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Commonwealth of Massachusetts

NO. BD-2004-002

IN RE: JOSEPH PAUL SULLIVAN, JR.

S.J.C. Order Denying Reinstatement entered by Justice Cordy on September 8, 2009.1

HEARING PANEL REPORT

I. Introduction

The petitioner Joseph Paul Sullivan, Jr. filed a petition for reinstatement with the Supreme Judicial Court on January 9, 2009, from an order of indefinite suspension from the bar entered by the Court on January 13, 2004. Matter of Sullivan, 20 Mass. Att’y Disc. R. 516 (2004). A hearing was held on the petition on May 11, 2009. Katy E. Koski, Esq. represented the petitioner. Bruce Eisenhut, Esq. represented the Office of Bar Counsel. The petitioner testified on his own behalf and called two witnesses; Bar Counsel called no witnesses. In addition to the petitioner’s reinstatement questionnaire and its attachments, the parties stipulated to seven exhibits that were admitted into evidence. The parties agreed that the petitioner’s reinstatement questionnaire is part of the record of proceedings.

Bar Counsel opposed the petition on the ground that it is premature. Tr. 69:8. More specifically, Bar Counsel expressed concerns that the petitioner did not present a detailed plan for returning to the practice of law that should have addressed such issues as supervision or monitoring of the petitioner’s work, obtaining professional liability insurance, and participation in courses in legal education given the petitioner’s absence from the practice of law since June 2000. Bar Counsel also found troubling the petitioner’s admission that he currently is not familiar with record-keeping requirements of Rule 1.15 of the Massachusetts Rules of Professional Conduct given that his indefinite suspension in 2004 was for his intentional misuse of client funds. Tr.45:19–23. After considering the evidence and testimony, the panel recommends that the petition for reinstatement be denied for the reasons set forth below.

II. Standard

A petitioner for reinstatement to the bar bears the burden of proving that he has satisfied the requirements for reinstatement set forth in S.J.C. Rule 4:01, § 18(5), namely that he possesses “the moral qualifications, competency, and learning in the law required for admission to practice law in this Commonwealth, and that his or her resumption of the practice of law will not be detrimental to the integrity and standing of the bar, the administration of justice, or to the public interest.” Matter of Daniels, 442 Mass. 1037, 1038, 20 Mass. Att’y Disc. R. 120, 122 (2004) (rescript), quoting S.J.C. Rule 4:01, § 18(5). See Matter of Dawkins, 432 Mass. 1009, 1010, 16 Mass. Att’y Disc. R. 94, 95 (2000) (rescript); Matter of Pool, 401 Mass. 460, 463, 5 Mass. Att’y Disc. R. 290, 293 (1998).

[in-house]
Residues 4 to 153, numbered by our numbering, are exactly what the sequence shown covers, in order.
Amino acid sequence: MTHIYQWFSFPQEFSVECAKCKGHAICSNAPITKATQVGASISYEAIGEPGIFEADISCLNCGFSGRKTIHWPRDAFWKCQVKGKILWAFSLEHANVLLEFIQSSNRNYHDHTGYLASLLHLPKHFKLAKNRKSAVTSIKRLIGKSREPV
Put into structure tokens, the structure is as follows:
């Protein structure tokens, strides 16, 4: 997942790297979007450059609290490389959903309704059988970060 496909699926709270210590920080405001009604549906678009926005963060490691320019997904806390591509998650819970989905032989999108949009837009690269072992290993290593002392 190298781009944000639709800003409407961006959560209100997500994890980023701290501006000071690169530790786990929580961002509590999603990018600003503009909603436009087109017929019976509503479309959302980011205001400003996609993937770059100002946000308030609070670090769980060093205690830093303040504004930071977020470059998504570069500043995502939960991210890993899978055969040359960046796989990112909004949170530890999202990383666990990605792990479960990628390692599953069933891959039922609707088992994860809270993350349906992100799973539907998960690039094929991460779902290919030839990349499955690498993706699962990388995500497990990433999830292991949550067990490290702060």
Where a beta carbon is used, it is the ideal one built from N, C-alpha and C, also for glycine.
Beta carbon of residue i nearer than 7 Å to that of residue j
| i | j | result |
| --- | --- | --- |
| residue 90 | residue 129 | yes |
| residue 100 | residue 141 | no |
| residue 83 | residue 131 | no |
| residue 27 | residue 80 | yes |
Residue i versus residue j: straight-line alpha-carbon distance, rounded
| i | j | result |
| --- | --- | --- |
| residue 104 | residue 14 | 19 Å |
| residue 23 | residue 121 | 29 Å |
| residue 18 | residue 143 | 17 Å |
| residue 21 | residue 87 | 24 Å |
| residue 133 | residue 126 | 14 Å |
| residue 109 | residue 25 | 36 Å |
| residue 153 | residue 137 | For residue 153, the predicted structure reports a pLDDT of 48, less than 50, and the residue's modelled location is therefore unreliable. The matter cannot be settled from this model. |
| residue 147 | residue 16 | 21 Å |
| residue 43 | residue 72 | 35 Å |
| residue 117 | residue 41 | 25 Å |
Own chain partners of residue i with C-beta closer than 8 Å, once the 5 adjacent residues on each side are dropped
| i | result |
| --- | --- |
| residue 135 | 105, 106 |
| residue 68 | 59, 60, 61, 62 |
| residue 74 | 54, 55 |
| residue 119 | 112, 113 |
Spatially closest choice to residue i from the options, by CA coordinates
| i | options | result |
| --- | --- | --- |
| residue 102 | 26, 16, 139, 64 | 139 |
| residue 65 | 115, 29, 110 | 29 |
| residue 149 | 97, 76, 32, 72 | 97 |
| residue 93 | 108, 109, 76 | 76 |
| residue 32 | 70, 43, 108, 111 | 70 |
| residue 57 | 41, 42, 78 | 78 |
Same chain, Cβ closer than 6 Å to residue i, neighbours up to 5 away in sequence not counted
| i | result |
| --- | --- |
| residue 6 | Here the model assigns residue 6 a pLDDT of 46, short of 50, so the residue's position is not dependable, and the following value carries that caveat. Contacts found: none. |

In determining whether the petitioner has satisfied these requirements, a panel considering a petition for reinstatement “looks to ‘(1) the nature of the original offense for which the petitioner was [suspended], (2) the petitioner’s character, maturity, and experience at the time of his [suspension], (3) the petitioner’s occupations and conduct in the time since his [suspension], (4) the time elapsed since the [suspension], and (5) the petitioner’s present competence in legal skills.’” Id., quoting Matter of Prager, 422 Mass. 86, 92 (1996), and Matter of Hiss, 368 Mass. 447, 460, 1 Mass. Att’y Disc. R. 122, 133 (1975).

The conduct giving rise to the petitioner’s suspension is affirmative proof that he lacks the moral qualifications to practice law. Matter of Centracchio, 345 Mass. 342, 346 (1963). To gain reinstatement, the petitioner has the burden of proving that he has led “‘a sufficiently exemplary life to inspire public confidence once again, in spite of his previous actions.’” Matter of Prager, 422 Mass. at 92 (1996), quoting Matter of Hiss, 368 Mass. at 452, 1 Mass. Att'y Disc. R. at 126.

“The act of reinstating an attorney involves what amounts to a certification to the public that the attorney is a person worthy of trust.” Id.; Matter of Centracchio, 345 Mass. at 348. In fact, “considerations of public welfare are dominant. The question is not whether the petitioner has been punished enough.” Matter of Cappiello, 416 Mass. 340, 343, 9 Mass. Att'y Disc. R. 44, 47 (1993); Matter of Keenan, 314 Mass. 544, 547 (1943).

III. Disciplinary Background

The petitioner received his first admonition in 1994 for his failure to file in 1992 a real estate tax abatement application within the allowed period. Ex. 1. He received a second admonition in June 2000 for his failure to file in 1997 a property loss claim on behalf of his client within the two-year limitations period. Ex. 2. In January 2002, he was suspended for one year and a day for his failure to represent properly a client who had retained him to pursue a personal injury claim resulting from an automobile collision in 1992. In this case, the Court found that the petitioner neglected his client’s case, failed to keep his client informed as to the status of her case, and terminated his representation without notice to his client. In addition, the petitioner failed to cooperate with Bar Counsel’s investigation in violation of Mass. R. Prof. C. 8.4(g) and S.J.C. Rule 4:01, § 3(1). Ex. 3. In January 2004, the petitioner was indefinitely suspended for his intentional misuse of estate funds. On July 13, 2000, while serving as an executor to an estate, he deposited a $5,000 check payable to the estate into his personal checking account and used all or substantially all of the funds for purposes unrelated to the estate. Ex. 4. He later repaid the estate. Tr. 64:9, 10, 11.